When God appointed that the serd of Abraham should sojourn and suffer in a strange land, the pious patriarch acquiesced in it: nor let us be over, anxious about the difficulties into which our pos.

* To reconcile this with Gen. xlvi. 27. where we read of but seventy, the author has a long note. He mentions Beza's conjecture, that the original reading might be παν7ες οι πανίως in all instead of πεντε fue.

terity may be led. Let us adore the divine goodness, that he has established his covenant with us, and wilh our seed after us ; and while we in imitation of Abraham, bring our infant offspăing to receive the solemn seal of that covenarit, let us remember our engagements to instruct them, as they grow up, in the tenor of it, and labour to the utmost to engage their own personal consent to it ; and then they will be truly rich and free. though in the penury of a famished land, or under the rod of an Egyptian tyrant.--The mysterious conduct of divine Providence with regard to the pious Josepii, who became a slav , that he might be made a prince, and who was trained up for the golden chain in the discipline of iron feiters, may surely be sufficient to teach us to julge nothing bfore the time, and to wait ini end of the Lord, before we arraign the seeming severity of a part of his conduct towards those, whom we might imagine the most proper objects of his regard. And surely it wili appear none of the least considerable of those rewards, which Providence bestowed on the approved and distinguished virtue of Joseph, that he had an opportunity of nourishing his pious father in his declining days, of spreading a mild and pleasant ray over the evening of a life, which had been so often beclouded with storms, and of sheltering (as it were) under his princely robe, that hoary head, which had once been turned into a fountain of tears over the bloody fragments of the many-coloured coat.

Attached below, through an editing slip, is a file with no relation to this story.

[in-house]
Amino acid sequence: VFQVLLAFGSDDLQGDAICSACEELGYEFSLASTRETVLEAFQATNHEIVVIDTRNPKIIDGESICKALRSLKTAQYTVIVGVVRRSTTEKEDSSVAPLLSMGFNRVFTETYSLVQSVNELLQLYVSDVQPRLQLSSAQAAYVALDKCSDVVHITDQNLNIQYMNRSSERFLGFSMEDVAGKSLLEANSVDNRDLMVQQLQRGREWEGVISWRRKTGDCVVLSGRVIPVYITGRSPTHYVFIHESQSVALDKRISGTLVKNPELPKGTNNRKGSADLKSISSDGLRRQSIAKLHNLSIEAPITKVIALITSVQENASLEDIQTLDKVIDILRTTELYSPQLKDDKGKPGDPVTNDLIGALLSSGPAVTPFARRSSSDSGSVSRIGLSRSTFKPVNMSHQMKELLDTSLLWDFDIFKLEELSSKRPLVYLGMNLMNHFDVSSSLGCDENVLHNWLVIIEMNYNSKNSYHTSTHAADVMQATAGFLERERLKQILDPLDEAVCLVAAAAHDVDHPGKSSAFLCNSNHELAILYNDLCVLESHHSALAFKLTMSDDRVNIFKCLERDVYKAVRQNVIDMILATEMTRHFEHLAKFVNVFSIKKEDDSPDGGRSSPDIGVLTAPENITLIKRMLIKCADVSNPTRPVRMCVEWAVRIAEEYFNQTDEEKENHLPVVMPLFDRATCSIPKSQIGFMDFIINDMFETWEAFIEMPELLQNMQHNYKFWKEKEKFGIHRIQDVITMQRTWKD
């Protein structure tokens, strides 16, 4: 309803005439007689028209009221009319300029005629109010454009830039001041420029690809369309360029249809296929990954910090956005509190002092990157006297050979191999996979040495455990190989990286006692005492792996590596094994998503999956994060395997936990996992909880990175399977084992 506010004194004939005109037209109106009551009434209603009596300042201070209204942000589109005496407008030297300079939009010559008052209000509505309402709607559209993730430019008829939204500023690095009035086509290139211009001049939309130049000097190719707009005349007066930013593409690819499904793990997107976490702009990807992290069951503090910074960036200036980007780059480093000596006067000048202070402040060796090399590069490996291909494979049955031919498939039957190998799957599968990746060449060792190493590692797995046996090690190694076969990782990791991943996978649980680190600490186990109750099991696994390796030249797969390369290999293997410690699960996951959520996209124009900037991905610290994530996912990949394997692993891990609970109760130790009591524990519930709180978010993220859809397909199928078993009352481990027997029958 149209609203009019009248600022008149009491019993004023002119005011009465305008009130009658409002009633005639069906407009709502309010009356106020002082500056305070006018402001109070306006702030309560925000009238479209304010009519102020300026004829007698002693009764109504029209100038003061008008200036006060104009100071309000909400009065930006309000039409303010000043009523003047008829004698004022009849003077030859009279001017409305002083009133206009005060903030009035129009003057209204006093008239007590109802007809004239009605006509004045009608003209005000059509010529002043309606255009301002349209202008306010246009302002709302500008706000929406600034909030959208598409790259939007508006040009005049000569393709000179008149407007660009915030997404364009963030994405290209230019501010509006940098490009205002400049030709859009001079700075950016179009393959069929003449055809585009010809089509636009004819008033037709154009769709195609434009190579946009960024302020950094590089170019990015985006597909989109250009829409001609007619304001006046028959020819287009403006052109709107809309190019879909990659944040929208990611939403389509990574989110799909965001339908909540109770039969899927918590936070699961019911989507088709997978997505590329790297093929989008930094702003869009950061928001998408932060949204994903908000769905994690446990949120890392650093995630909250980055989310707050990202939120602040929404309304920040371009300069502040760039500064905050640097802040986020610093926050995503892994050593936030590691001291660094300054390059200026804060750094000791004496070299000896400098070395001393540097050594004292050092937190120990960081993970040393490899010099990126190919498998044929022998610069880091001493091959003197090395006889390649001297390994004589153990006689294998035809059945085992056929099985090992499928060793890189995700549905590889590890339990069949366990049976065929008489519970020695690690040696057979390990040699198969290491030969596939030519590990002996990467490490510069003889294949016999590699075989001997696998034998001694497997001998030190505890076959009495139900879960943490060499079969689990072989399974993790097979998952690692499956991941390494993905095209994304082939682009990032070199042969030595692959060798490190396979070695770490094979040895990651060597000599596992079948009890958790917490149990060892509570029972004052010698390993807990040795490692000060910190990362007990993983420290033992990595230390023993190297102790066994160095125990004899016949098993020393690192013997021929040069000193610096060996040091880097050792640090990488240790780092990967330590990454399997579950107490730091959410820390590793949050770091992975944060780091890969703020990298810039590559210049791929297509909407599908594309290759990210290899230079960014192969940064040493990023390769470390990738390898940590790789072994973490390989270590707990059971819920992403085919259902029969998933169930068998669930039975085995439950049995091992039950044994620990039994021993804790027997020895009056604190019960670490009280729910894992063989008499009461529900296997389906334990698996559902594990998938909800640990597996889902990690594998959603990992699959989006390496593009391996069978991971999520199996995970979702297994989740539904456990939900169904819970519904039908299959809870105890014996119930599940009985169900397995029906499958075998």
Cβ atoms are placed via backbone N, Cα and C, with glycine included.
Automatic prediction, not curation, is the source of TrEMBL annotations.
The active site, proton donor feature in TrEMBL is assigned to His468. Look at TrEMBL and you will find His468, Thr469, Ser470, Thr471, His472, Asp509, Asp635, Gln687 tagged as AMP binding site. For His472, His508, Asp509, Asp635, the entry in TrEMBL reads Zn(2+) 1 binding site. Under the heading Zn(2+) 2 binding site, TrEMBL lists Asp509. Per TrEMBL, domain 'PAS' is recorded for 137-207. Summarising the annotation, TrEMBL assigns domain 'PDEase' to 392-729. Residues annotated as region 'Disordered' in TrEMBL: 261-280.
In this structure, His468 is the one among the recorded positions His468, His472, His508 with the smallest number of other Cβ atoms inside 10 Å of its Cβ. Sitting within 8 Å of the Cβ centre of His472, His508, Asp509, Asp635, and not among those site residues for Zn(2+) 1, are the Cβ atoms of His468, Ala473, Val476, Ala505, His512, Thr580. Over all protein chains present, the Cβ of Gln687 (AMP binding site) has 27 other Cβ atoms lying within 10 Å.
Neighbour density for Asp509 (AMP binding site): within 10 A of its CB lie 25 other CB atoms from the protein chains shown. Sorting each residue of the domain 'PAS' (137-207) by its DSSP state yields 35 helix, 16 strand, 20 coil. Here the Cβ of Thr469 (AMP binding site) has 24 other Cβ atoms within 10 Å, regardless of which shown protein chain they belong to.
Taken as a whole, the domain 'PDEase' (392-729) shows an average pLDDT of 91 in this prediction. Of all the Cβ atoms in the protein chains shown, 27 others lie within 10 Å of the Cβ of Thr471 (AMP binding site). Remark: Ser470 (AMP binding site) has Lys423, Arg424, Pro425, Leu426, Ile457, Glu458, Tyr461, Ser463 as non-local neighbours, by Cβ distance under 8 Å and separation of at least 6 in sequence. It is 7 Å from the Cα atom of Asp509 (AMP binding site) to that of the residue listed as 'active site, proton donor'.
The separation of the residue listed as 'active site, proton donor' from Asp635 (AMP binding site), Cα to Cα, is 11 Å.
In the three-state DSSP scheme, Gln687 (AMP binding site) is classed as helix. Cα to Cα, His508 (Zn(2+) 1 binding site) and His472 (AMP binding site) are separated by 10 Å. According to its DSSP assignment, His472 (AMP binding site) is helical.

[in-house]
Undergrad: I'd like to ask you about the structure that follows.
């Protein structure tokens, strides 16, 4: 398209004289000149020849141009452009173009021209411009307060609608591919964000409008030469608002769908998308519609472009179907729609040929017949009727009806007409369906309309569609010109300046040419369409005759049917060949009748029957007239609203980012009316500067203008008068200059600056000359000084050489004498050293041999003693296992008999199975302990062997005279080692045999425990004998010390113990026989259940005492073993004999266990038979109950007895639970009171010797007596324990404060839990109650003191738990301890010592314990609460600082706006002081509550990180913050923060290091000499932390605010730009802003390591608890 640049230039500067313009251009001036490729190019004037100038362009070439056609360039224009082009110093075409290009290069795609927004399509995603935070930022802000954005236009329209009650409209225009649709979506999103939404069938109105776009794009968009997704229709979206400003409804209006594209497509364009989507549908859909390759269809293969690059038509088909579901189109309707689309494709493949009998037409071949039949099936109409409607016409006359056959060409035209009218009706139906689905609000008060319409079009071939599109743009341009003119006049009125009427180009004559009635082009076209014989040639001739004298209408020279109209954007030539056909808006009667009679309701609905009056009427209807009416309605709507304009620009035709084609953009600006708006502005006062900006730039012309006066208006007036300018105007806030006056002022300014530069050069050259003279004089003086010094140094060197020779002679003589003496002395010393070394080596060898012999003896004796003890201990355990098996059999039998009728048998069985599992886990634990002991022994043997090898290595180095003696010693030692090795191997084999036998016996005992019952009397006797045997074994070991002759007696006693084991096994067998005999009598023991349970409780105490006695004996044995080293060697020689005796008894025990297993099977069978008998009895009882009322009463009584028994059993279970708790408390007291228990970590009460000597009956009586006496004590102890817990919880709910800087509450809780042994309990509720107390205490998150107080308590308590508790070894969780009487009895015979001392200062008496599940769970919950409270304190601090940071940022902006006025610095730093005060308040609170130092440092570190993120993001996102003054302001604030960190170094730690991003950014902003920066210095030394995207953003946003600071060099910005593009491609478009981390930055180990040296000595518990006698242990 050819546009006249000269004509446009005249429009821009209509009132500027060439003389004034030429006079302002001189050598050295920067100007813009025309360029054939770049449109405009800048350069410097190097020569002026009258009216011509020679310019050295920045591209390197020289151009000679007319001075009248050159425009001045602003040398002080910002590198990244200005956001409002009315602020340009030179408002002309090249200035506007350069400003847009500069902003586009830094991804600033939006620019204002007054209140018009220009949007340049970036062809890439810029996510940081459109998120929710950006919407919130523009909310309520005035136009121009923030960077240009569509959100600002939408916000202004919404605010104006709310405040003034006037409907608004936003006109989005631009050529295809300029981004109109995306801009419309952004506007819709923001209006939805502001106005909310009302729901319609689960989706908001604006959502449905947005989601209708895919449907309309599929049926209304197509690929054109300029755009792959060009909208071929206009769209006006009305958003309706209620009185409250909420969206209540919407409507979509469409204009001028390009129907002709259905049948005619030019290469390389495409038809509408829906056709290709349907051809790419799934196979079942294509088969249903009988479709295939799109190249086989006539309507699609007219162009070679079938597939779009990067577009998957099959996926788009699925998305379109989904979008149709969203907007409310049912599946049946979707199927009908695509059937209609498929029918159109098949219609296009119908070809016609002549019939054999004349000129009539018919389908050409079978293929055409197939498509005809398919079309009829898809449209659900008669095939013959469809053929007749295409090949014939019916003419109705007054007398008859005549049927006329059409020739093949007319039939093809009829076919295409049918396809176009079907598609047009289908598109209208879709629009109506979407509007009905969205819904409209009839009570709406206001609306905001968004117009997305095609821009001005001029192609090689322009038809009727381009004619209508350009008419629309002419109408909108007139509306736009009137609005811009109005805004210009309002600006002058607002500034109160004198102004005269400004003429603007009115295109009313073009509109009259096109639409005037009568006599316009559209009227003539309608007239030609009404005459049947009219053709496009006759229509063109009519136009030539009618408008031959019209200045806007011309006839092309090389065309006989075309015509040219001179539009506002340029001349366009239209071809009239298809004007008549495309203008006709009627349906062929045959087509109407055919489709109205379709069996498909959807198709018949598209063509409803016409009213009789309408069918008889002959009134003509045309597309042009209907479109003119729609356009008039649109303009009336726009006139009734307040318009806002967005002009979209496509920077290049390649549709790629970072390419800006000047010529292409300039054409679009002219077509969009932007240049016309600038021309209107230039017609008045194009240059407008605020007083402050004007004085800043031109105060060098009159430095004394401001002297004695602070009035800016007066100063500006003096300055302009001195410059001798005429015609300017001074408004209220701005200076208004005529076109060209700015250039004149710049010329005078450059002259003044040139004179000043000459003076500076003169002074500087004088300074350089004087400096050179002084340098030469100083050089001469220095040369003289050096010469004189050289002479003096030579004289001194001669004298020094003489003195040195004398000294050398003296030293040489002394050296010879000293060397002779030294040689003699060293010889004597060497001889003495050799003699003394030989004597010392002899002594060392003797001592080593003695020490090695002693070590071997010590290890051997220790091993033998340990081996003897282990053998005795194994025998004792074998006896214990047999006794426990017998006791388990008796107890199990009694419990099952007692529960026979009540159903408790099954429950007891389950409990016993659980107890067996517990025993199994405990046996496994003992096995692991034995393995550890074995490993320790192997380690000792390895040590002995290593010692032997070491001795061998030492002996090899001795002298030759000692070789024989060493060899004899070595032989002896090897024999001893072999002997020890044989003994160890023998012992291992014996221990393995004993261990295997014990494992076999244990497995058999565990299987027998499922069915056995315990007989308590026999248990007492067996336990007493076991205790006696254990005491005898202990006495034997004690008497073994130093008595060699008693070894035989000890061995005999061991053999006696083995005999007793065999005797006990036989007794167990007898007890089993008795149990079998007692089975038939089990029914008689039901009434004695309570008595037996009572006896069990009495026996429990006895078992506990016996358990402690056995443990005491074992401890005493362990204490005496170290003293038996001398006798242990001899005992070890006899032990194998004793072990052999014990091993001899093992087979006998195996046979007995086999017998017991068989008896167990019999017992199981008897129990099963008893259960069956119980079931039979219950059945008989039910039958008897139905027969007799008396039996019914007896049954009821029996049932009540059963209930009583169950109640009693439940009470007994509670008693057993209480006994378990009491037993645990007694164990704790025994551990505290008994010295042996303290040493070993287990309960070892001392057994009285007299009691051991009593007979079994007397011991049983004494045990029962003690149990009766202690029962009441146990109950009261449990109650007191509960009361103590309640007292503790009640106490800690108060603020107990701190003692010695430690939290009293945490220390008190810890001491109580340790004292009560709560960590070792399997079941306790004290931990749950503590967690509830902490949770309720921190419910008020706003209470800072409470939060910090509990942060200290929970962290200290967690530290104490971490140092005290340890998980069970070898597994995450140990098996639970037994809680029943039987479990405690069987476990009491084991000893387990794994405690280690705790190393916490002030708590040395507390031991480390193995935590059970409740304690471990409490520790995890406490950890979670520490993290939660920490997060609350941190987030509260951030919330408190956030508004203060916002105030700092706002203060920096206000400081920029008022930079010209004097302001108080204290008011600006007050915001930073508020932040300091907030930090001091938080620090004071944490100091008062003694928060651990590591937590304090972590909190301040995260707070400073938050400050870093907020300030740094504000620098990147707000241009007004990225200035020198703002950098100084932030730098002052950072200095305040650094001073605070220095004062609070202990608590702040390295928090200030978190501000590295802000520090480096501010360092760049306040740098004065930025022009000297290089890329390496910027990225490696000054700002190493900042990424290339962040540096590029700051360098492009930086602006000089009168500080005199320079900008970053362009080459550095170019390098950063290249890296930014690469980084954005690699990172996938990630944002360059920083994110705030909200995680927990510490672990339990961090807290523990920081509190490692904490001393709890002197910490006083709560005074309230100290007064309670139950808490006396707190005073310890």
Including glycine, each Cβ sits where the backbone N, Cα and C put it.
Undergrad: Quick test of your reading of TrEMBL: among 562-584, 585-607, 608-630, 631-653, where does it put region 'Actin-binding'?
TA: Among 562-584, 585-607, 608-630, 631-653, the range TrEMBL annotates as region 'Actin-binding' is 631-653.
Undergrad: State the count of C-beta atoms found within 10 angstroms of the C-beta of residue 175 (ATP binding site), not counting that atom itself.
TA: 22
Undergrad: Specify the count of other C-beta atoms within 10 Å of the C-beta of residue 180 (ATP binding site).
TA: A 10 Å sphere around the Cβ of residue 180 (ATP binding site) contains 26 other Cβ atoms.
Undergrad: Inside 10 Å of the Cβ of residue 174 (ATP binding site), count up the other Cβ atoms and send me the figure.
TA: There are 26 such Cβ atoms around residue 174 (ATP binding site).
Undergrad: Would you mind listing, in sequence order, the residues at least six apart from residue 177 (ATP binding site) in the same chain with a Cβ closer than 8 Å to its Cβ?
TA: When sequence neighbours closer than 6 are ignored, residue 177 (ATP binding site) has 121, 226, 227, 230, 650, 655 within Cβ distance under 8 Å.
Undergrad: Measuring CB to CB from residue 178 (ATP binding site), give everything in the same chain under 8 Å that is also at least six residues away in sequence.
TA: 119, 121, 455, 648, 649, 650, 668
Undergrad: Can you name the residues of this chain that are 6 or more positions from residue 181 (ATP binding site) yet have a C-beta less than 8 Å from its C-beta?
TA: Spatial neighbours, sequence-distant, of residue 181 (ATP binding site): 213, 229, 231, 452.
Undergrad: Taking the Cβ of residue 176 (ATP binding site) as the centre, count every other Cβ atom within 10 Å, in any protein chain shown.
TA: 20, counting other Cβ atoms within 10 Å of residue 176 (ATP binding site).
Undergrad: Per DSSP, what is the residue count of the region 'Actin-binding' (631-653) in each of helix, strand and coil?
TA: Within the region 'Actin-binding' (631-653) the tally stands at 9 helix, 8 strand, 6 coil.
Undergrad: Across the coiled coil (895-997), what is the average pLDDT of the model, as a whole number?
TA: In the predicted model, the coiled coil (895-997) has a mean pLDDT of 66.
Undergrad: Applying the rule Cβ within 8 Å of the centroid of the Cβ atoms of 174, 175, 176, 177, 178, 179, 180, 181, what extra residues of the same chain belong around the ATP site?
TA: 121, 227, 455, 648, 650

SECTION XIV.

Stephen enumerates other fucts in the Jewish history, tending to his own

vindication. Ch. vii. 15-36.

15 ~ TEPHEN proceeded in his speech before the sanhedrim. So

Jacob went down into Egypt and died, he and our fathers; 16 and they were carried over to Sychem, and were laid in the sep

ulchre, which * HE ( that i* Jacob purchased for a sum of money, 17 of the sons of Emnior the facher of Sychem. And as the time

of the promise drew near, which God had sworn to Abraham, the 18 people grew and multiplied in Egypt, till another king arose, who 19 knew not Joseph. He forming crafty designs against our kindred,

treateci our fathers injuriousiy, by causing their male infants to be 20 exposed, that their race might perish. In which time Moses was

born; and he was exceedingly beautiful, and was bred up for three 21 months in his father's house. And being exposed, the daughter

of Pharaoh took him up, and nourished him for her own son. 22 And Moses was educated in all the wisdom and learning of the

Egyptians; and he was mighty in his discourses, and in his 23 actions. But when he was arrived at the full age of forty years, it

* It is so erident that the name of Abraham has been wrongly inserted here, in the room of Jacob, or the pronoun He, in direct contradiction to Gen. xxxiii. 19. that I make no scruple of leaving it out. The author, though he retains it in his translation, so manages his paraphrase as to correct the blunder. ED. VOL. I.